September 8, 2006

Alliance for Retired Americans
815 16th St. NW, 4th Floor
Washington DC 20006-4104

RE: Federal Candidate Questionnaire


Thank you for sending us your Federal Candidates 2006 Questionnaire. A print-out with my answers and comments is enclosed.

We converted your paper copy to a digital format, which allowed more room for comments. It also will allow us to post the completed questionnaire on our web page,, where it will share space with numerous other questionnaires we have completed in this campaign season.

Also on our web page you will find extensive details about my positions on such things as national health care, the stabilization of Social Security, portability of pensions, the effort to do away with punitive Social Security "off-sets" for state employees here in Maine, and various labor issues that relate directly to retirement issues.

I understand your organization endorses candidates. I would be pleased to be considered for such an endorsement, and I would be honored if I were to receive one.

If you need any more information from me, or would like to talk with me before you make a decision, feel free to call. Our Washington DC phone number (which bounces to our campaign headquarters here in Maine) is 202-747-0426.

Jean Hay Bright

How do you plan to involve retirees and older Americans in your 2006 campaign?
As an older American myself (59 next month), I am finding that many of my campaign volunteers are of my generation or older.
Please list the contact information for your campaign's older Americans liaison.
David Bright, campaign manager      207-234-4224
Name                                             Phone number        e-mail

Medicare and Prescription Drugs
  1. The Department of Veterans Affairs and the Department of Defense currently have the authority to negotiate for the best prices on prescription drugs. Would you support giving the Medicare program similar authority to directly negotiate with drug companies for drug prices?
    YES      Comment: The "no price negotiations" part of Medicare Part D was a travesty. Olympia Snowe voted for that bill, and is now being praised for wanting to fix what she voted for.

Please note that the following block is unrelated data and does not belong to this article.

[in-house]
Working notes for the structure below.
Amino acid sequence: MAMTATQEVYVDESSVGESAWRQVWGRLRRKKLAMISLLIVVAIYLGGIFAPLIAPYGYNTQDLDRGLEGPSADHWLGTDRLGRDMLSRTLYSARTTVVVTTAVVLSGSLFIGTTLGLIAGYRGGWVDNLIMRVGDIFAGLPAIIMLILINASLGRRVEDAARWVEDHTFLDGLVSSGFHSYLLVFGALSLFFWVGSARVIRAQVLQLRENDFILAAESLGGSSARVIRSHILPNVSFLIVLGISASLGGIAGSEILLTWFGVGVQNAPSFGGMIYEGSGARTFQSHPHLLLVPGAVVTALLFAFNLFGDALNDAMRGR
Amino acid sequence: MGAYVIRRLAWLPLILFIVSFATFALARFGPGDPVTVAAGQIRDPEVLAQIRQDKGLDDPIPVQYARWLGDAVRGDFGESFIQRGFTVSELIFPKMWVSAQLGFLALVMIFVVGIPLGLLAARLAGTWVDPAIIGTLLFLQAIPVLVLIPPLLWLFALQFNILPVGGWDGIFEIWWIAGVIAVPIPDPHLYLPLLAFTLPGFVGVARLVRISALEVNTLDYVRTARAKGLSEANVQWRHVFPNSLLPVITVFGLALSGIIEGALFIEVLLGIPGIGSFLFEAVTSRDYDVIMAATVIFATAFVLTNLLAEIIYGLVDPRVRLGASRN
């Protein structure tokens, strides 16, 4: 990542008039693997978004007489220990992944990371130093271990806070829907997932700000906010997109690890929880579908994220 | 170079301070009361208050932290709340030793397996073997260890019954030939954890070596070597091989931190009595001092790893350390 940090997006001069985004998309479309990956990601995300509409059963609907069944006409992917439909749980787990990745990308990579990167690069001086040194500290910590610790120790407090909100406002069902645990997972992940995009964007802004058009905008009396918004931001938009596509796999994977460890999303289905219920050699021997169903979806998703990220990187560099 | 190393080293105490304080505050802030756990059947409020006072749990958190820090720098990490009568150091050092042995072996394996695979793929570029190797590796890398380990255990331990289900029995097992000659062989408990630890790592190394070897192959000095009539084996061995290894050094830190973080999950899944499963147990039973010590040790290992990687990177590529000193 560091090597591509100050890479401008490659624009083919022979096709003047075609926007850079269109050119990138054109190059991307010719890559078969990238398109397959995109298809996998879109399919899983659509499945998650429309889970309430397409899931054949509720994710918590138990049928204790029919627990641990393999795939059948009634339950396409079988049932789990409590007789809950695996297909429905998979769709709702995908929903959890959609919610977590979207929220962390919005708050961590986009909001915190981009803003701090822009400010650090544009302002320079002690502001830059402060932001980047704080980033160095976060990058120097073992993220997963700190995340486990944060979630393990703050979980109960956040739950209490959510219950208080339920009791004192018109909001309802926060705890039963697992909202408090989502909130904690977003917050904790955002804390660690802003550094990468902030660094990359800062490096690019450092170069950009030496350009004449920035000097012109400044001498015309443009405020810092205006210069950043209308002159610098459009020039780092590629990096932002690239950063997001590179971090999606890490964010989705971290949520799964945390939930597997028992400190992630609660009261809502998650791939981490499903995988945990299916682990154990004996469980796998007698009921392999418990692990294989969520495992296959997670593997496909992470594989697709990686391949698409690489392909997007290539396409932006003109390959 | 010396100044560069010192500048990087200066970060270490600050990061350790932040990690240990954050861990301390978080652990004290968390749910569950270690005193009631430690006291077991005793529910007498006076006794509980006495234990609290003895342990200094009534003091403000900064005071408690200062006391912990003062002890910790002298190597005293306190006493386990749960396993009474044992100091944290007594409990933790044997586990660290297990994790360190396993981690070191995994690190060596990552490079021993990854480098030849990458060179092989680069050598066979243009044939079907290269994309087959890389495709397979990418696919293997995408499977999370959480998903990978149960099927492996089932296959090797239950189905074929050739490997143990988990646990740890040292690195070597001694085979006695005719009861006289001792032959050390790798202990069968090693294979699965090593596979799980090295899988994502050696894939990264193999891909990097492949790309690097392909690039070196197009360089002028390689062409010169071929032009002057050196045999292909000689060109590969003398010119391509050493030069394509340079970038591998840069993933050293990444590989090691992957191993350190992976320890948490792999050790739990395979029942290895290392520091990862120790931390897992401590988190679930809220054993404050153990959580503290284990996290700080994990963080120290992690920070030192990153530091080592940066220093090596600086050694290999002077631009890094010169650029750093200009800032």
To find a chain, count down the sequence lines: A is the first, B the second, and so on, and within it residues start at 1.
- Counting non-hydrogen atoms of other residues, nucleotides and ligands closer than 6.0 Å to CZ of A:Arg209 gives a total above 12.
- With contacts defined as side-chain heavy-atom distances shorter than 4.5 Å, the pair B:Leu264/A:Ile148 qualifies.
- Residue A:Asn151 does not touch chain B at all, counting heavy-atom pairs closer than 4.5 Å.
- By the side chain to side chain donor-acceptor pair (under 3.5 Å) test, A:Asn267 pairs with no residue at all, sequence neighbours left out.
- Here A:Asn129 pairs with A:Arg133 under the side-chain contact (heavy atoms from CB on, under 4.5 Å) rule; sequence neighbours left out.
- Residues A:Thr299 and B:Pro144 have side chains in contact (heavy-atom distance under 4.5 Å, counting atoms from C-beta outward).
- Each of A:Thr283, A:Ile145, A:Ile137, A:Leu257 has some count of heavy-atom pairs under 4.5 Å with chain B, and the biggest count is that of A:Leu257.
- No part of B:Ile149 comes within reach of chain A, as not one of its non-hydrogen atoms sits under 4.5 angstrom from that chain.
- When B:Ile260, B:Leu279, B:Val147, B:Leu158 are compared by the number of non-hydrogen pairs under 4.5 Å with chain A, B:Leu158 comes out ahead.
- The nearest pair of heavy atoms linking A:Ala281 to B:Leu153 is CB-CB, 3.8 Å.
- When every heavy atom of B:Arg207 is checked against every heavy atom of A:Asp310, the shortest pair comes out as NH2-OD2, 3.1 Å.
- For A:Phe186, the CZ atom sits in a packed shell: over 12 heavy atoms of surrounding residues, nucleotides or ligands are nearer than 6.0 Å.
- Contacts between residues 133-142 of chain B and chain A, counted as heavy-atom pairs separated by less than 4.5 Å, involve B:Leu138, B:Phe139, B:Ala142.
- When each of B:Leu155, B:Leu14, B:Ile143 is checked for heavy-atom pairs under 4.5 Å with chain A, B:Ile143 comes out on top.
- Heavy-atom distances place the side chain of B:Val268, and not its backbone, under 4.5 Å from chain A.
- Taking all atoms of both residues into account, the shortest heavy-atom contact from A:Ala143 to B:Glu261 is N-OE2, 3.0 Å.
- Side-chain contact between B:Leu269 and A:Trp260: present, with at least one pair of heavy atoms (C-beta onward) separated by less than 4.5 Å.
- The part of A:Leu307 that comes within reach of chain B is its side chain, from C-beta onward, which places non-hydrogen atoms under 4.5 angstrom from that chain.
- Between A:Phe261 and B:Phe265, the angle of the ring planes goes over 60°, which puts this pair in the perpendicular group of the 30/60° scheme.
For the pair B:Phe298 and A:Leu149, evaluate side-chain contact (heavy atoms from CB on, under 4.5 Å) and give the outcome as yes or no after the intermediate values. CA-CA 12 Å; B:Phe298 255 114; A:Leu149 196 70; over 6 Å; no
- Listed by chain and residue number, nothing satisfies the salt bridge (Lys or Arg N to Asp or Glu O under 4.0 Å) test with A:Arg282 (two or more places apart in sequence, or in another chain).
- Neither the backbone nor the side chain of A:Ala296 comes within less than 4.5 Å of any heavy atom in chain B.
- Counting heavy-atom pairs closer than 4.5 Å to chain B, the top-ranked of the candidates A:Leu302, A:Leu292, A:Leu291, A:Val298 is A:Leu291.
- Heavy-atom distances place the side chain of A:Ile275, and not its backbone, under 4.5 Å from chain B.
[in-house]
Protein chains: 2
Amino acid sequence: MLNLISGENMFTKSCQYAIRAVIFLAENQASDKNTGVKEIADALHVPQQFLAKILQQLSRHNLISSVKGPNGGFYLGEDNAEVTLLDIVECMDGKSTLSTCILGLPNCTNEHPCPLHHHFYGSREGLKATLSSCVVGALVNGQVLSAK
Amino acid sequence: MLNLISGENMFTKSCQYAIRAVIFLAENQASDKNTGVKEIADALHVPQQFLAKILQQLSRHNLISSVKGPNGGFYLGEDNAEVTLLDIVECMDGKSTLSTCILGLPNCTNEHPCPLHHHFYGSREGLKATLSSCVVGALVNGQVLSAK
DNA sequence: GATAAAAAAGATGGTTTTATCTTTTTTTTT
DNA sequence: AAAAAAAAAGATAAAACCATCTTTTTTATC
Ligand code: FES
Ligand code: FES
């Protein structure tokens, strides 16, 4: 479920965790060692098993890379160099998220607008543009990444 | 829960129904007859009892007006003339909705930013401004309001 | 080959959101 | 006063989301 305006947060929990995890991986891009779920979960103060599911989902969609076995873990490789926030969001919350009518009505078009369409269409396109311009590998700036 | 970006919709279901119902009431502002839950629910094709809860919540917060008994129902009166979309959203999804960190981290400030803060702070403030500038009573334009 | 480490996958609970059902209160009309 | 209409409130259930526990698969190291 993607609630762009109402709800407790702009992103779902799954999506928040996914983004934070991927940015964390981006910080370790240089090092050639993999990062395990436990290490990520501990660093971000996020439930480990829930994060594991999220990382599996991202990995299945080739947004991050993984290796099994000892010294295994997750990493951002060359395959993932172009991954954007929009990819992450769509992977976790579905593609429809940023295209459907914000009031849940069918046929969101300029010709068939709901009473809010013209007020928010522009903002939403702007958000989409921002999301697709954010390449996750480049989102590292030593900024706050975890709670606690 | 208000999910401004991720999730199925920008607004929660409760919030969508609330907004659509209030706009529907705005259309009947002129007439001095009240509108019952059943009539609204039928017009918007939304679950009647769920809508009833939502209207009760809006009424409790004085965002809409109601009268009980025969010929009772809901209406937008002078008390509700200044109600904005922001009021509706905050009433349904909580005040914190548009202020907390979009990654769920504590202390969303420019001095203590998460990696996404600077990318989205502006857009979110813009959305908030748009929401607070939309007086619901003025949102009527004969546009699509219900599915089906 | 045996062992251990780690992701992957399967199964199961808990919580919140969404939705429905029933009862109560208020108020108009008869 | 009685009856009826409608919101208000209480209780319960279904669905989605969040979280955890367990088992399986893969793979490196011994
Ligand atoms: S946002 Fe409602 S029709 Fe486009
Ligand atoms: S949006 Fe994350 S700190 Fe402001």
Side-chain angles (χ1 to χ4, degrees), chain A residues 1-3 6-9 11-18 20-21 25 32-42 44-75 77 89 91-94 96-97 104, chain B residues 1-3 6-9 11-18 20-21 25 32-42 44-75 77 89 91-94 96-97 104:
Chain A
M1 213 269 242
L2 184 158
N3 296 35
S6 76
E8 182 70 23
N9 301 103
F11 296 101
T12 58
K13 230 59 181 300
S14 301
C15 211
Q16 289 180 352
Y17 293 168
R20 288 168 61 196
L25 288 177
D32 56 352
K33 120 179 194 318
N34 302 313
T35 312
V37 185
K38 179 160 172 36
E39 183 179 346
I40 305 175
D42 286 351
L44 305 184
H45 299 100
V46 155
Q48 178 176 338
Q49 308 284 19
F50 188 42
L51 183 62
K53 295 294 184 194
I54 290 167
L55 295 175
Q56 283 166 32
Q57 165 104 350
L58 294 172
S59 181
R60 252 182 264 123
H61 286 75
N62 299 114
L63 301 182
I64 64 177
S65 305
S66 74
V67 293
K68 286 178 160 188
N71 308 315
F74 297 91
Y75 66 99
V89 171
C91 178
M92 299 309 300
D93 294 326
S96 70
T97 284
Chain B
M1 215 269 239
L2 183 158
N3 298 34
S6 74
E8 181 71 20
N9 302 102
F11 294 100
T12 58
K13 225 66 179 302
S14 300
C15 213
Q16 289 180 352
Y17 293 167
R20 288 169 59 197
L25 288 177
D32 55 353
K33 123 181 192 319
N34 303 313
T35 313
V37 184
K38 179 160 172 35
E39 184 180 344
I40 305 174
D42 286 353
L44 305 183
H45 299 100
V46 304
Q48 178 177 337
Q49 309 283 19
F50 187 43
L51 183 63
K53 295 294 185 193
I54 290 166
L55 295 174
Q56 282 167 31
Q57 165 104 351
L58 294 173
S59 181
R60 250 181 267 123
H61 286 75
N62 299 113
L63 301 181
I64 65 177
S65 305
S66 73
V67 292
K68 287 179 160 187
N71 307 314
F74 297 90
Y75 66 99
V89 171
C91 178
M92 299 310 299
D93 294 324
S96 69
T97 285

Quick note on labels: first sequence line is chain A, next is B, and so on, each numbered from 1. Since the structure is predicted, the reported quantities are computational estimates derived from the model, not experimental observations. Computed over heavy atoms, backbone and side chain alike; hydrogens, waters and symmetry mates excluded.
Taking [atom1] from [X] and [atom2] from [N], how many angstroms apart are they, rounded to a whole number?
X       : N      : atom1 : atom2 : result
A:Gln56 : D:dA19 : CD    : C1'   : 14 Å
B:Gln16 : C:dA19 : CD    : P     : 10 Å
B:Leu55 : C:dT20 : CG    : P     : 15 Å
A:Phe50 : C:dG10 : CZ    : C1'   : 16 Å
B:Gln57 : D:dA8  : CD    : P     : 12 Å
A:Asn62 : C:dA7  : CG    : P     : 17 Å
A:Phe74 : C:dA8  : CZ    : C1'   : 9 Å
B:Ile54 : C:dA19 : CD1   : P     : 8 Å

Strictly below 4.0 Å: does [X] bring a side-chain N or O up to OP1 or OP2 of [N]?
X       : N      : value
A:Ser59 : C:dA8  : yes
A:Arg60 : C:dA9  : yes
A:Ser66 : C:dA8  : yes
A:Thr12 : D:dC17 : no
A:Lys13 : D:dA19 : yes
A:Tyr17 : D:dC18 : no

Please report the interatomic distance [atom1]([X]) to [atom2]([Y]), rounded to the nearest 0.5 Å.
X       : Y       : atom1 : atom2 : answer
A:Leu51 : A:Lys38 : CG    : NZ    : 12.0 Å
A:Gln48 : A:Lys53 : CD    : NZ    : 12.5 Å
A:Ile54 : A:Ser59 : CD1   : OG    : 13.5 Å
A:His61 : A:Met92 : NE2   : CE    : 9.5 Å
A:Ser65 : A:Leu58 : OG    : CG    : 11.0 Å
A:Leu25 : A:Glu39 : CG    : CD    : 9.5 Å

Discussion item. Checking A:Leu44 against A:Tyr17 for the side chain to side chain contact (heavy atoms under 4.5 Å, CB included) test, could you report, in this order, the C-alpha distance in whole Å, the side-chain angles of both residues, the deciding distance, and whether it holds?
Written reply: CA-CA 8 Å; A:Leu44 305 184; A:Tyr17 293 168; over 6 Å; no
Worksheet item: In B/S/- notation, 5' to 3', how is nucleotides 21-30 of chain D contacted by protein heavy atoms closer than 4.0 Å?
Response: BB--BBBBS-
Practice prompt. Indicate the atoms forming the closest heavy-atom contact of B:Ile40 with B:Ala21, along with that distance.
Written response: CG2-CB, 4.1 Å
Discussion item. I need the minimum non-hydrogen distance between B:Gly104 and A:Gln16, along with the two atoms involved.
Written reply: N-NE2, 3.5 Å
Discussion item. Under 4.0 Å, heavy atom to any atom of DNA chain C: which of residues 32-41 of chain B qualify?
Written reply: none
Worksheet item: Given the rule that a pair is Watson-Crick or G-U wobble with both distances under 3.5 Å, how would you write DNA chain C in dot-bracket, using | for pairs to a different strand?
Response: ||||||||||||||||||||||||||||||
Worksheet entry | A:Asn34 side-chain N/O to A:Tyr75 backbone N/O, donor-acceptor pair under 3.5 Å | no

2. The Medicare Part D program imposes a minimum 7% lifetime penalty on monthly premiums for beneficiaries who missed the May 15, 2006 enrollment deadline. Do you favor waiving this penalty once enrolment begins again on November 15, 2006?
    YES      Comment: This should never have been part of this bill
  3. Would you support eliminating or shrinking the "doughnut hole," the gap in coverage inside which beneficiaries receive no insurance help?
    YES      Comment: If we had drug price negotiations, this gap could be greatly reduced or even eliminated. Also, the fact that it is one sized "hole," and not graduated based on income, is another failing of this provision.
  4. Would you support legalizing the safe re-importation of drugs from Canada or other nations, if the drugs and facilities where they are manufactured are approved by the Food and Drug Administration?
    YES      Comment: Of course, if we negotiated drug prices like Canada and other countries already do, this would not be an issue.
  5. Would you support a requirement that Medicare offer its own prescription drug benefit, one that reduces costs for enrollees and minimizes confusion?
    YES      Comment: The real solution is National Health Care
  6. Would you support efforts to repeal the means testing of Part B Medicare premiums as mandated by the Medicare Prescription Drug and Modernization Act of 2003?
    NO      Comment: I believe in progressive income taxes, and this follows along with that thinking. Maybe if the "premiums" were tied into income taxes, it would be viewed differently. As for seniors opting out of the program for cheaper private insurance, under a national health care program, everyone would be covered, and there would be no opting out.